King added the team has a lot more confidence after competing at the high school level for a year.
Senior Samantha Little will pitch and play second base, while senior Sarah Bressler is the catcher and senior Shaina Aho is the shortstop.
Junior Briana King will play first and pitcher.
King said the speed on the team comes from the sophomore class, particularly outfielders Hope Steffensen and Carly Norvelle. The future also looks bright with a pair of freshmen -- third baseman and outfielder Hazan Shaginoff and pitcher and utility player Jodi Cook.
King said he doesn't have a dominant pitcher, but that he's comfortable with putting King, Cook or Little on the mound.
"We've got a good defense," King said. "As long as the girls get it over the plate and give them an opportunity to put it in play, the defense has been looking really strong."
The coach also said the offense should be improved thanks to the addition of a batting cage at Kenai Central.
One thing that's nice about a young, inexperienced group is that progress is so obvious. Schoessler said he has some coaches that can't make every practice. Those coaches marvel at the strides the girls are making over the course of three or four days.
"The girls have made tremendous strides," Schoessler said. "We've done a lot of work on mechanics, and they've picked up a lot of that."
The returners for the Panthers are junior Liz Schoessler, a second baseman and pitcher; junior Dakota Cruze, a catcher; and sophomore Kayla Scroggins, a pitcher and infielder.
Freshman Cat Schoessler also joins the team with some Little League experience. She is a utility player.
Some of the new players with promise are pitcher and utility player Samantha Reynolds, infielder Victoria Oberts, infielder and outfielder Jessica Roper and outfielder Mykaela Rybac.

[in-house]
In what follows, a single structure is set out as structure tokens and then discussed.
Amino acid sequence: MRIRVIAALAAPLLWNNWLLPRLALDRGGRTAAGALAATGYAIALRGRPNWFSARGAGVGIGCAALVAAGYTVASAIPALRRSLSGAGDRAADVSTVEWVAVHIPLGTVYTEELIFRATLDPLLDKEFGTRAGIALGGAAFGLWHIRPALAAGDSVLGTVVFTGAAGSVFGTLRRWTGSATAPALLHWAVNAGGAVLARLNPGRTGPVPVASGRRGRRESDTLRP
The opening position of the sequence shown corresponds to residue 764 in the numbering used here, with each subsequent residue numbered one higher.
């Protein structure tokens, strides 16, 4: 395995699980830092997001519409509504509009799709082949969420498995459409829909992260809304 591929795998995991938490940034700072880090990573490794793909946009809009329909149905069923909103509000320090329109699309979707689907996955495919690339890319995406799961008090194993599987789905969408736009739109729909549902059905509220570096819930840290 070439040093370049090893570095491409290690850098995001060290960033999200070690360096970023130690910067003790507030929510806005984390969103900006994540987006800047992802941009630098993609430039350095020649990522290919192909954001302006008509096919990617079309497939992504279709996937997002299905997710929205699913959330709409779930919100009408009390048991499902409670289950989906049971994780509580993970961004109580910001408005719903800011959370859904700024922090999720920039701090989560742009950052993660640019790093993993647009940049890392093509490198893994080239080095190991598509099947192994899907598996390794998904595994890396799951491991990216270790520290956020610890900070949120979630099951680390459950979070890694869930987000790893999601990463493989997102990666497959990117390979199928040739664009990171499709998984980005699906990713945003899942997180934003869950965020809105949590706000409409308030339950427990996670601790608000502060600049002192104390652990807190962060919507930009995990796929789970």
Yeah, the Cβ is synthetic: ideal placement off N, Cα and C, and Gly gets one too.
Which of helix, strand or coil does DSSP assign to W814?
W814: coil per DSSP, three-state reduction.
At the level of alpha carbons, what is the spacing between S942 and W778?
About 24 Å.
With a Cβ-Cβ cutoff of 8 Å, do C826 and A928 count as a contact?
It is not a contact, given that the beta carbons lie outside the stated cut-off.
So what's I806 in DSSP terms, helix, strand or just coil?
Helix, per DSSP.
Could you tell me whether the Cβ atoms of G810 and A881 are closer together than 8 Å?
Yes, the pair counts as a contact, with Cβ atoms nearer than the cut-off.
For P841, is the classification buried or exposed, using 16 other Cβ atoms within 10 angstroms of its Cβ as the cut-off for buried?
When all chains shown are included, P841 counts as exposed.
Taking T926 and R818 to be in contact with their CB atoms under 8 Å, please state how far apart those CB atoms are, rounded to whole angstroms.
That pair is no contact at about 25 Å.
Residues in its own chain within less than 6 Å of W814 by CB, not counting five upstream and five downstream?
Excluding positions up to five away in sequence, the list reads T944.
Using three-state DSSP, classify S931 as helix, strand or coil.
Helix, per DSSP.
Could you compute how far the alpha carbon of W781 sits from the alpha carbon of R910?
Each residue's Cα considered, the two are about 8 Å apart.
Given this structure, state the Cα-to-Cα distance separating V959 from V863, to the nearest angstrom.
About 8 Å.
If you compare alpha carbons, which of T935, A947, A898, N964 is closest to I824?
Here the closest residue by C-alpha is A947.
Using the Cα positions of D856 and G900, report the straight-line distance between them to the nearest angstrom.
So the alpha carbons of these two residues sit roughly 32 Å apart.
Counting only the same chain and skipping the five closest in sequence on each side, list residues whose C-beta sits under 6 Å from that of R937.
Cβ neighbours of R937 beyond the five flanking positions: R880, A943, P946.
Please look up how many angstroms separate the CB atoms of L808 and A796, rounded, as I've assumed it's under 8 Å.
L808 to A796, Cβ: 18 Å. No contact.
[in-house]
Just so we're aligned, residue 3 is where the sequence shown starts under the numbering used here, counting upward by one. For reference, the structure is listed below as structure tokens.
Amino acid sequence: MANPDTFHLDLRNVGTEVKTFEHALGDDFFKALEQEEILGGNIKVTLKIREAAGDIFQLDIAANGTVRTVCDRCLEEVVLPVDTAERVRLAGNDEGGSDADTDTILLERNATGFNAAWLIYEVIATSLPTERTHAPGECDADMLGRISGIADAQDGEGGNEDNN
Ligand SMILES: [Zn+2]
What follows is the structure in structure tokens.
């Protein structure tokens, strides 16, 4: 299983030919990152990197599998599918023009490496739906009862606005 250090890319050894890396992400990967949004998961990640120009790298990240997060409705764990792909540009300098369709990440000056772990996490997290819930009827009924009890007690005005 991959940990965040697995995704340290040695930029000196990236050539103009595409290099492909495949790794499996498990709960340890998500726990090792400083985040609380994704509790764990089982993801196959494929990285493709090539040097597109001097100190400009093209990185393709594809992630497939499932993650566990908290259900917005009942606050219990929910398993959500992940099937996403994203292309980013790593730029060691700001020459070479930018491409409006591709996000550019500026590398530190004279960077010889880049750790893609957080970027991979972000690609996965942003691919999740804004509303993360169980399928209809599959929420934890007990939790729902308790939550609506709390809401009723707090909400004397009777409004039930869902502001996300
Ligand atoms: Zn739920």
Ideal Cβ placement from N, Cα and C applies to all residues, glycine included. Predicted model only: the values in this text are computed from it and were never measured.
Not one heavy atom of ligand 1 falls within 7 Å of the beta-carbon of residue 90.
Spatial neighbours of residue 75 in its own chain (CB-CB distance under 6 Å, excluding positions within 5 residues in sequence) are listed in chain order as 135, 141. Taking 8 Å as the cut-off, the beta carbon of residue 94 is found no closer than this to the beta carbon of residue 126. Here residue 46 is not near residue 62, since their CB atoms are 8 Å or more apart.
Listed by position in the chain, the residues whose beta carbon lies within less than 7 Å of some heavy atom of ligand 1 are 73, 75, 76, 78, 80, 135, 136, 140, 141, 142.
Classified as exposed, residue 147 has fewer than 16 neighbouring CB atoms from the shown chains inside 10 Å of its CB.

"We have a whole host of girls," Schoessler said. "We've been running 18 at practice."
The Panthers open their season on May 2 against Soldotna.
The Stars won't have the whipping right arm of graduated pitcher Savannah Hegge to lean on this season.
"It's gonna be tough," Cleveland said. "Savannah could throw it so hard."
The coach said he has built up the program to be able to sustain a loss like Hegge.
"Our strength is still good, solid fundamentals, good defense and good hitting and aggressive baserunning," Cleveland said.
The Stars have plenty of experience. Catcher Amandra Cobb, second baseman Alisah Kress, and shortstop and pitcher Briana VinZant have all spent four years in the program. Senior right fielder Maddy Tice is in her second year with the team.
Junior Nikki Hegge will take over some pitching duties from her sister. Sophomore first baseman Natalie Kress saw varsity time as a freshman, while junior Jordan Sass will play third and pitch.
Sophomores Kaycee Munn and Madeline Cox will play outfield, while sophomore Tanisha Chavez will provide depth on the mound.
"I think our hitting will be much improved this year," Cleveland said. "We have a couple four-year players, and some second- and third-year players, that are really getting the hang of hitting.
"We hit pretty good last year, and I expect us to continue that trend."